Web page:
Blood and Marrow Stem Cell Transplants

A blood and marrow stem cell transplant replaces damaged stem cells with healthy ones from another person (a donor). During the transplant, which is like a blood transfusion, you get donated stem cells through a tube placed in a vein in your chest. Once the stem cells are in your body, they travel to your bone marrow and begin making new blood cells.

Blood and marrow stem cell transplants often cure aplastic anemia in people who are eligible for this type of transplant. The transplant works best in children and young adults with severe aplastic anemia who are in good health and who have matched donors. Older people may be less able to handle the treatments needed to prepare the body for the transplant. They’re also more likely to have complications after the transplant.


If you have aplastic anemia, your doctor may prescribe medicines to:

  • Stimulate your bone marrow
  • Suppress your immune system
  • Prevent and treat infections

Medicines To Stimulate Bone Marrow

Man-made versions of substances that occur naturally in the body can stimulate the bone marrow to make more blood cells. Examples of these types of medicines include erythropoietin and colony-stimulating factors. These medicines have some risks. You and your doctor will work together to decide whether the benefits of these medicines outweigh the risks. If this treatment works well, it can help you avoid the need for blood transfusions.

Medicines To Suppress the Immune System

Research suggests that some cases of aplastic anemia may occur because the body’s immune system attacks its own cells by mistake. For this reason, your doctor may prescribe medicines to suppress your immune system. These medicines can allow your bone marrow to start making blood cells again. These medicines also may help you avoid the need for blood transfusions.

Medicines that suppress the immune system don’t cure aplastic anemia. However, they can relieve its symptoms and reduce its complications. These medicines often are used for people who aren’t eligible for a bone and marrow stem cell transplant or who are waiting for a transplant.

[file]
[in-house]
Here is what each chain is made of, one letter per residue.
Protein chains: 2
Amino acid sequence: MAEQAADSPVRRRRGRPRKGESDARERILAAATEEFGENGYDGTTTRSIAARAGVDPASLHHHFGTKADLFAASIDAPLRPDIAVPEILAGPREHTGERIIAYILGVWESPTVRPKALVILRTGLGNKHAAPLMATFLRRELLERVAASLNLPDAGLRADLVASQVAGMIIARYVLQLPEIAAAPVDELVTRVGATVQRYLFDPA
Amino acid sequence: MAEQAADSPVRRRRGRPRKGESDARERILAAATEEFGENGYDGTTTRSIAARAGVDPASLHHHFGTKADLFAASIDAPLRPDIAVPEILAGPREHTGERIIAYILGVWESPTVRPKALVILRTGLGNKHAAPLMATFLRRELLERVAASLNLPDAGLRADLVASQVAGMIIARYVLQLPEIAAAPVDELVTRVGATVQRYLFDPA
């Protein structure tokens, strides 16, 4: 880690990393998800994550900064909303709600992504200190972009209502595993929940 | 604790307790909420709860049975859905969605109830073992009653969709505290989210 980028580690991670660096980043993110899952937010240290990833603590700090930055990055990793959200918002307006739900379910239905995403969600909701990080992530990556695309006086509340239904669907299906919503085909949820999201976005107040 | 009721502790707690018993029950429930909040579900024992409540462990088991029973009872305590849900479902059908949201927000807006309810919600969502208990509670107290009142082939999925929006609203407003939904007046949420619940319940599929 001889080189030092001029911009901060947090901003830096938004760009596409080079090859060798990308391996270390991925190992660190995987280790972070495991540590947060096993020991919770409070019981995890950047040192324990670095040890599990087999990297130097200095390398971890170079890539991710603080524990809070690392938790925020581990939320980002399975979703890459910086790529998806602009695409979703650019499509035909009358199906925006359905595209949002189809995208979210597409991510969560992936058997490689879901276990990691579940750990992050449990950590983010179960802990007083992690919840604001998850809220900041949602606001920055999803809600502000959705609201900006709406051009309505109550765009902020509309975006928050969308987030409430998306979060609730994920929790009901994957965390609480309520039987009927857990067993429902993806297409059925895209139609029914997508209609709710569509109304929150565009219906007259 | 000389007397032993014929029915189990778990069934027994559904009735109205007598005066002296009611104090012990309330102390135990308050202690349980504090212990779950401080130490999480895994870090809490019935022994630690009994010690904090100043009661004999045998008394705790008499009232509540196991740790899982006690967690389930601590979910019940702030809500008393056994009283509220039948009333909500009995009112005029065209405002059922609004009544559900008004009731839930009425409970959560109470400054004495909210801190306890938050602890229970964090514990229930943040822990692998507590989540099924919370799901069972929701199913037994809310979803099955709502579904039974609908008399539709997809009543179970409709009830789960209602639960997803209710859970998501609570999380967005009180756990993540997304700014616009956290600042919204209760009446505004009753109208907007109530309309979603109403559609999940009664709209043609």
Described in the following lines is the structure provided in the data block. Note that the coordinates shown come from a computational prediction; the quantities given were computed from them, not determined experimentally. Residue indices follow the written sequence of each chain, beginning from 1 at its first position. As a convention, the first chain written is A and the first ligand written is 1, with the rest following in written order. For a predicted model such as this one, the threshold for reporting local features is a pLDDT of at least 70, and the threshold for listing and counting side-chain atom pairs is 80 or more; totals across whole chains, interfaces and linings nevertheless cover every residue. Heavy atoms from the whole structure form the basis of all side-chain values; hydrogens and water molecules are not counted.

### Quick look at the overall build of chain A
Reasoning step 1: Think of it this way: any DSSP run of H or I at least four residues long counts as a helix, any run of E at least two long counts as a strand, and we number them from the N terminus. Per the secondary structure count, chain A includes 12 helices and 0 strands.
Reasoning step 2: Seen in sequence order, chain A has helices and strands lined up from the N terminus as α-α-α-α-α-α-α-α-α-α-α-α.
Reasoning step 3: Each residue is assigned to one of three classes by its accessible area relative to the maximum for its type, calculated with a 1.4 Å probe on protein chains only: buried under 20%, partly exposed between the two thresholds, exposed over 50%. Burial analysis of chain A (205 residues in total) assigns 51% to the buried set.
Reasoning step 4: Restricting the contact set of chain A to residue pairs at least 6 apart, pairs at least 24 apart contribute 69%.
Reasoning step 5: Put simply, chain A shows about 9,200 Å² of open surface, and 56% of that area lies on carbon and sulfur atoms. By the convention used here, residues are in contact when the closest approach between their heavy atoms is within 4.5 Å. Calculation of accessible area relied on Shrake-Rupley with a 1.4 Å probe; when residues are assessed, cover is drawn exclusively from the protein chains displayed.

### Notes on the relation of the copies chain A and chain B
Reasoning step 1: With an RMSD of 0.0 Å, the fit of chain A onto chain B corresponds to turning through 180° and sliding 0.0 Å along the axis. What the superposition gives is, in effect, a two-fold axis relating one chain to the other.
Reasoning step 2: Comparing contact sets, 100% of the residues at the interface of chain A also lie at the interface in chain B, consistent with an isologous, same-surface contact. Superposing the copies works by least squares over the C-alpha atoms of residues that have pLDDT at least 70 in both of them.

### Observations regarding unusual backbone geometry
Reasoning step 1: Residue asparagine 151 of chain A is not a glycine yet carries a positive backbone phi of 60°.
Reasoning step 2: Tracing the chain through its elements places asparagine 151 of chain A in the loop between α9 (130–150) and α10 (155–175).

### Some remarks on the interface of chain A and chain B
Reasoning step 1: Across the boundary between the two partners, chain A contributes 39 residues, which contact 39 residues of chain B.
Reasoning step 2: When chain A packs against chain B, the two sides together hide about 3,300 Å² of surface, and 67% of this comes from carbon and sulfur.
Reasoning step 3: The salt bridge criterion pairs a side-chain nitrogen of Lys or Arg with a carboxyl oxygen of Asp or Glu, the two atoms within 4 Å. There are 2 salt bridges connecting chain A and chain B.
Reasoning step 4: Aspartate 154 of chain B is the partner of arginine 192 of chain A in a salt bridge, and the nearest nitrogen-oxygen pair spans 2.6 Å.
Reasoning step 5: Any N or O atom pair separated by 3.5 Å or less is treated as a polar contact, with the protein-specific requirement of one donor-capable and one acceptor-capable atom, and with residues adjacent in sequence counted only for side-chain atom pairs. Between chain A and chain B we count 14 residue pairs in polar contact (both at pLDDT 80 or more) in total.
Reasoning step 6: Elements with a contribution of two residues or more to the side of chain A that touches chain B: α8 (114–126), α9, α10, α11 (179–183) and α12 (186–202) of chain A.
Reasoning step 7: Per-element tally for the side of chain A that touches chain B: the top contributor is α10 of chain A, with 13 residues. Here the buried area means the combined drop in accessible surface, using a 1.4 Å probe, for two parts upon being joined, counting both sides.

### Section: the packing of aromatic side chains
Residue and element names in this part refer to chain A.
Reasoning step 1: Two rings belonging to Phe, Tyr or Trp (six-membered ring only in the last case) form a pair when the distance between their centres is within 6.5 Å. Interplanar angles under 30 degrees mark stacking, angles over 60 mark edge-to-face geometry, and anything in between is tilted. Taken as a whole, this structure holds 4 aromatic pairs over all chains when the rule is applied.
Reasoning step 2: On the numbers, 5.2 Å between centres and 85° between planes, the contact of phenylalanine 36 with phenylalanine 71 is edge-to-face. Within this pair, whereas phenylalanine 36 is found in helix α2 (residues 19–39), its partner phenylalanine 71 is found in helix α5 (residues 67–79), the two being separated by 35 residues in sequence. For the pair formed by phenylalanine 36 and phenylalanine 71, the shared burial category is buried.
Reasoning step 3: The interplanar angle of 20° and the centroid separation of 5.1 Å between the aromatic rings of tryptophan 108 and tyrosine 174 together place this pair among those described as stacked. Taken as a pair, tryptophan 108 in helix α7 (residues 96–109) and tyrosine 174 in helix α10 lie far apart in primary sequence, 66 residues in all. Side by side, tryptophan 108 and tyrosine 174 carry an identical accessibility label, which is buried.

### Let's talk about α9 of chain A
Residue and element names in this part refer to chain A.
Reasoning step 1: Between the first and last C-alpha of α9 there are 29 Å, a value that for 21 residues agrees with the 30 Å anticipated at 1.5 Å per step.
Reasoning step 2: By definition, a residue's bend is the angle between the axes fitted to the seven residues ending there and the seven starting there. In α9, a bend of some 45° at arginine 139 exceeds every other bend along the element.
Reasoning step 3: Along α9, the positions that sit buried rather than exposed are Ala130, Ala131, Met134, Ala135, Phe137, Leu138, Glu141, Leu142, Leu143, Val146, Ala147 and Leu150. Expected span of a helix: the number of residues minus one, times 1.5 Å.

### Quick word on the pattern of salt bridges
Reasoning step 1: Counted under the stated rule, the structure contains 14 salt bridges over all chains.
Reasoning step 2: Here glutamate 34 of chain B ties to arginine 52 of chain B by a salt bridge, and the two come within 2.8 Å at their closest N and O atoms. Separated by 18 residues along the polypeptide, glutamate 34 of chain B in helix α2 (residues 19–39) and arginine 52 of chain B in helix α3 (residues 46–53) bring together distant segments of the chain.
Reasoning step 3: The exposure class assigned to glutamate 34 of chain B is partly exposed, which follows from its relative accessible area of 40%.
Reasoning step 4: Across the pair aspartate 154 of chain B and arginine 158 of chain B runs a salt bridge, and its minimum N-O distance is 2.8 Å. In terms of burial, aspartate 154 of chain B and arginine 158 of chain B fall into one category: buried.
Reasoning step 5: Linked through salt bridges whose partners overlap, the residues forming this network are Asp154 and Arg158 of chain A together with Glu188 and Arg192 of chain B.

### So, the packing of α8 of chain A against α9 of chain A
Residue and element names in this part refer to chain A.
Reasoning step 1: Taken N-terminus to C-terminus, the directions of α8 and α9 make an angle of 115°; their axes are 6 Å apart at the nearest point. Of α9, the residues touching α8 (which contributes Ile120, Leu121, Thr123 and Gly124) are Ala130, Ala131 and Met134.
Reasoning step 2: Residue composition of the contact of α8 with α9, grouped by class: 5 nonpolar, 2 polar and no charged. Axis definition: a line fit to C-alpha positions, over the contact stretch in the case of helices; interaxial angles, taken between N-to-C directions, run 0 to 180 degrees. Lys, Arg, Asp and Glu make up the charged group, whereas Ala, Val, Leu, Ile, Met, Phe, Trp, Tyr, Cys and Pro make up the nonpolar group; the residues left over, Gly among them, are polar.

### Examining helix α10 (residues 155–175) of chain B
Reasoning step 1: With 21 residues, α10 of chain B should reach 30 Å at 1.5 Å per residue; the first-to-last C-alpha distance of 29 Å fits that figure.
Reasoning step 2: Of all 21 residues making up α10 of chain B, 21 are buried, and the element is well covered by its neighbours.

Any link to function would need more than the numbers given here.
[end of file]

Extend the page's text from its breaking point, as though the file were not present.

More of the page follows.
Three medicines—often given together—can suppress the body’s immune system. They are antithymocyte globulin (ATG), cyclosporine, and methylprednisolone. It may take a few months to notice the effects of these medicines. Most often, as blood cell counts rise, symptoms lessen. Blood cell counts in people who respond well to these medicines usually don’t reach normal levels. However, the blood cell counts often are high enough to allow people to do their normal activities.

People who have aplastic anemia may need long-term treatment with these medicines.

Medicines that suppress the immune system can have side effects. They also may increase the risk of developing leukemia or myelodysplasia (MDS). Leukemia is a cancer of the blood cells. MDS is a condition in which the bone marrow makes too many faulty blood cells.

Medicines To Prevent and Treat Infections

People who have aplastic anemia may be at risk for infections due to a low number of white blood cells. Your doctor may prescribe antibiotic and antiviral medicines to prevent and treat infections.



National Heart, Lung, and Blood Institute, USA.